Duration of Exposure to Lifting Tasksp. 148
Worker Experience, Task Frequency, and Moment Exposurep. 150
Spine Loading Associated with Modification of Physical Workplace Factorsp. 154
Handlesp. 154
Lifting While Supporting the Bodyp. 156
Team Liftingp. 158
Pushing and Pullingp. 160
Seated and Constrained Work Posturesp. 164
Physical Work Factor Summaryp. 166
Summaryp. 169
Key Pointsp. 170
Psychosocial and Organizational Factor Influence on Spine Loadingp. 174
Introductionp. 174
Psychosocial and Organizational Interactionsp. 175
Biomechanical Responses to Psychosocial Environmentp. 176
Biomechanical Responses to Mental Stress at Workp. 178
Expectationp. 182
Conclusionsp. 183
Key Pointsp. 183
Individual Factors Role in Spine Loadingp. 187
Introductionp. 187
Genderp. 187
Personalityp. 193
Experiencep. 196
Conclusionsp. 198
Key Pointsp. 198
Physical, Individual, and Psychosocial/Organizational Risk Factor Interactionsp. 200
When Risk Factors Collidep. 200
The Magnitude of Influence of the Three Risk Factor Categoriesp. 201
Can Risk Factor Interactions be Predicted?p. 206
Conclusionsp. 207
Key Pointsp. 208
Engineering Controls to Mediate Back Pain at Work: Tools for the Assessment of Physical Factor Impact on Spine Loads and Intervention Effectivenessp. 210
Introductionp. 210
Static Strength Prediction Programsp. 211
Psychophysical Tolerance Limitsp. 212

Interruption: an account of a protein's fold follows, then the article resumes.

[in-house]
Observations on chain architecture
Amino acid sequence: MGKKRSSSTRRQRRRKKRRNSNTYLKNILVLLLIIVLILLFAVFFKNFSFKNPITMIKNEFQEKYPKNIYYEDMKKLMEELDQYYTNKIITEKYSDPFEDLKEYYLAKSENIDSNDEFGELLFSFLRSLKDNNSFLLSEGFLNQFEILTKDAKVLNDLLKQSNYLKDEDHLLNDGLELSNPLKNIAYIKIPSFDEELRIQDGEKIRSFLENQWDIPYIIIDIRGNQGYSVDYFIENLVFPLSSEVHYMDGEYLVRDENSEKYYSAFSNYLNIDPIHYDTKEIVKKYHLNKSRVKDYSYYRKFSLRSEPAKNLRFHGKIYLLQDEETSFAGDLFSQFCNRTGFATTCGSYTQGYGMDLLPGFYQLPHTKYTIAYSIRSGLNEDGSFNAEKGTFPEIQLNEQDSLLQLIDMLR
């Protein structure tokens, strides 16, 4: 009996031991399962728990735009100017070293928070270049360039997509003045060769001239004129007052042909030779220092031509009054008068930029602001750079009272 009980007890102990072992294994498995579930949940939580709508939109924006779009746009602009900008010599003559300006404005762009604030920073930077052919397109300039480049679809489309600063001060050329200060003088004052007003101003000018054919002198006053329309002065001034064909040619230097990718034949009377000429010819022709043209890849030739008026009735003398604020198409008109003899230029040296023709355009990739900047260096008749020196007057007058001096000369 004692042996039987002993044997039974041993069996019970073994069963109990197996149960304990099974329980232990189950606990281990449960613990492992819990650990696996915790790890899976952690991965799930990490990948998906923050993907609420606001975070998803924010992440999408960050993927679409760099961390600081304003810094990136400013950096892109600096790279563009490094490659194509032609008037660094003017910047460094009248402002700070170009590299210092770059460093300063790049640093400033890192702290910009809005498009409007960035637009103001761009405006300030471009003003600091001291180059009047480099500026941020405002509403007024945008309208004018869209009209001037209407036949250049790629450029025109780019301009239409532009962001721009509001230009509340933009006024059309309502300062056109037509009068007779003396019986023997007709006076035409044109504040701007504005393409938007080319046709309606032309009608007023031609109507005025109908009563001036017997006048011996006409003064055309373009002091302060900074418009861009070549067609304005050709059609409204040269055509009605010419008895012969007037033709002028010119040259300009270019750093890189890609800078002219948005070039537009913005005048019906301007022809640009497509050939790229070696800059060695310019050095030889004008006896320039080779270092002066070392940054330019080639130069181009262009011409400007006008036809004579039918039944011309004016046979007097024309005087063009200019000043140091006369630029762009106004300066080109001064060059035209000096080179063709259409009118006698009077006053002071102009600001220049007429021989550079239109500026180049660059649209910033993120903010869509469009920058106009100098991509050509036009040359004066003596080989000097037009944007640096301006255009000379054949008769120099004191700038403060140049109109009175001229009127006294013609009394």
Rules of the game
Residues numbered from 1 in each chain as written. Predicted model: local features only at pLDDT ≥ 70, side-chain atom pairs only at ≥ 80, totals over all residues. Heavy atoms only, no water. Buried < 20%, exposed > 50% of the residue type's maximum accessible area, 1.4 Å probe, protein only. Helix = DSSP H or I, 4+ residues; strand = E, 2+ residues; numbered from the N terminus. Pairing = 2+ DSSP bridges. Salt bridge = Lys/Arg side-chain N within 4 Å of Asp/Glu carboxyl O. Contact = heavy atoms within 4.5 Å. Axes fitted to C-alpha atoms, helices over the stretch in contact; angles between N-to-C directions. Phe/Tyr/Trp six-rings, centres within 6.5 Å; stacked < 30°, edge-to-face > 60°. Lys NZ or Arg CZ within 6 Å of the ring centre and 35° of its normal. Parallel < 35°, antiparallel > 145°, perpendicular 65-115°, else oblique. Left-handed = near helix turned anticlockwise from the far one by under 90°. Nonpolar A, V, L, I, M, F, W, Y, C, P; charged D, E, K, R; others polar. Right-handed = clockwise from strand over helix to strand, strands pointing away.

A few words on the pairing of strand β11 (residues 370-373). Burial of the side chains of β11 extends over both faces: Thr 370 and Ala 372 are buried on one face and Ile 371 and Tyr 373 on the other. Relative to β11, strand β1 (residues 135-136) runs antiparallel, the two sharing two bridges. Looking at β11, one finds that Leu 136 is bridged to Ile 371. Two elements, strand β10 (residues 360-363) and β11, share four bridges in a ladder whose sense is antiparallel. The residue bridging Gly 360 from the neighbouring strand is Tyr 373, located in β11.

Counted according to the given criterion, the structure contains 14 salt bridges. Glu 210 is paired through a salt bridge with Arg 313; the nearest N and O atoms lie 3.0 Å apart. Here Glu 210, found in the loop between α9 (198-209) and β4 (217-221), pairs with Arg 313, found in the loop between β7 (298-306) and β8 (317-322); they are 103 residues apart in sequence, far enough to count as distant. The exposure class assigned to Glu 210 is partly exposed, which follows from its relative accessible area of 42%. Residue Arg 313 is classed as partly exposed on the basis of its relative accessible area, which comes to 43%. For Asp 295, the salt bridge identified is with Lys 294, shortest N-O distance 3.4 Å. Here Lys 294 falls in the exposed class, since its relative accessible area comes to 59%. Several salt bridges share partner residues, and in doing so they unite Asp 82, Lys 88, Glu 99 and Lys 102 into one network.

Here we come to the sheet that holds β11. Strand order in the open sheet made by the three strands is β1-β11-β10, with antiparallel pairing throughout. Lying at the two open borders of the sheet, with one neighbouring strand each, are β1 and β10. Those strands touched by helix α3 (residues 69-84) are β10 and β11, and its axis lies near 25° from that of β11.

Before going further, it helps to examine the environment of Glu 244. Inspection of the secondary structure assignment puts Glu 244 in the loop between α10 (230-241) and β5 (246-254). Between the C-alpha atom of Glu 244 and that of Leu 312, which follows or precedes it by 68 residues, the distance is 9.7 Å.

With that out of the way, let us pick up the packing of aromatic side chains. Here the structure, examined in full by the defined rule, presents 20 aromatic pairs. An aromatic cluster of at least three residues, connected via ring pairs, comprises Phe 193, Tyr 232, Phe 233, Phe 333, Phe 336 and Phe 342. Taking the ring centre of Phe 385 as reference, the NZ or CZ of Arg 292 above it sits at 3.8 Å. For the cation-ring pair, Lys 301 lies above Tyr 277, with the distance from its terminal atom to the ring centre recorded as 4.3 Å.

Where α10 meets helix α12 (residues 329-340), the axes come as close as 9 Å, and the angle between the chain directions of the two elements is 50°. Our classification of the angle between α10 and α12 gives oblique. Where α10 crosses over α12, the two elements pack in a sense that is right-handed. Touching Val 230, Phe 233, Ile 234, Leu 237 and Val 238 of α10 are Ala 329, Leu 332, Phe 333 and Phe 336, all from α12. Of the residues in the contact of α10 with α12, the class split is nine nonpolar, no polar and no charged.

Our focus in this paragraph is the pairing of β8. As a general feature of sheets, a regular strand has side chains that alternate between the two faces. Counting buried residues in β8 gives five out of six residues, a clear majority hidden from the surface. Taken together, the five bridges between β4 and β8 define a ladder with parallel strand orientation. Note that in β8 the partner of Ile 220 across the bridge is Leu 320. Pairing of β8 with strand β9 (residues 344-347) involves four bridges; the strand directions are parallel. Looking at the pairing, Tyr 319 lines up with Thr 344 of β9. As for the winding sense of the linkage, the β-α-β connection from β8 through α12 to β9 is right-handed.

Job Demand Indexp. 214
NIOSH Lifting Guide and Revised Equationp. 214
The 1981 Lifting Guidep. 214
The 1993 Revised Equationp. 216
Video-Based Biomechanical Modelsp. 218
Lumbar Motion Monitor Risk Assessmentp. 219
Lifting Threshold Limit Values (TLVs)p. 222
Workplace Assessment Comparisonsp. 226
Conclusionsp. 229
Key Pointsp. 229
Administrative Controls for the Workplace: Psychosocial and Organizational Interventionsp. 232
Implementing Psychosocial and Organizational Changep. 232
Elements of the Processp. 234
Traditional Administrative Controlsp. 236
Worker Selectionp. 236
Worker Rotationp. 236
Trainingp. 237
Stretching Programsp. 237
Back Beltsp. 238
Summaryp. 239
Key Pointsp. 240
Integrating Risk Interventions into the Workplacep. 242
Introductionp. 242
Systems Interventionp. 242
Examples of Intervention Effectivenessp. 243
Patient Handling Interventionsp. 243
Types of Physical Interventionsp. 246
Implementing Both Physical and Psychosocial Interventionsp. 247
Distribution Center Interventionsp. 248
Summaryp. 248
Key Pointsp. 249
Understanding Recurrent Low Back Pain and Implications for Return to Workp. 251
Introductionp. 251
The Natural History of Low Back Pain Recoveryp. 252
How can One Quantify the Extent of Low Back Pain?p. 253
Impairment Assessmentp. 254
Effort Sincerityp. 267
Spine Loading of those Experiencing Low Back Painp. 272
Can Kinematic Impairment Assessments Predict Changes in Spine Loading?p. 281
Lifting Exposure Limits for Workers with LBPp. 285
Recurrence of LBP and Workp. 286
A Return-to-Work Strategyp. 292
Conclusionsp. 292
Key Pointsp. 293
Conclusionsp. 298
Summaryp. 301
Indexp. 303
Table of Contents provided by Ingram. All Rights Reserved.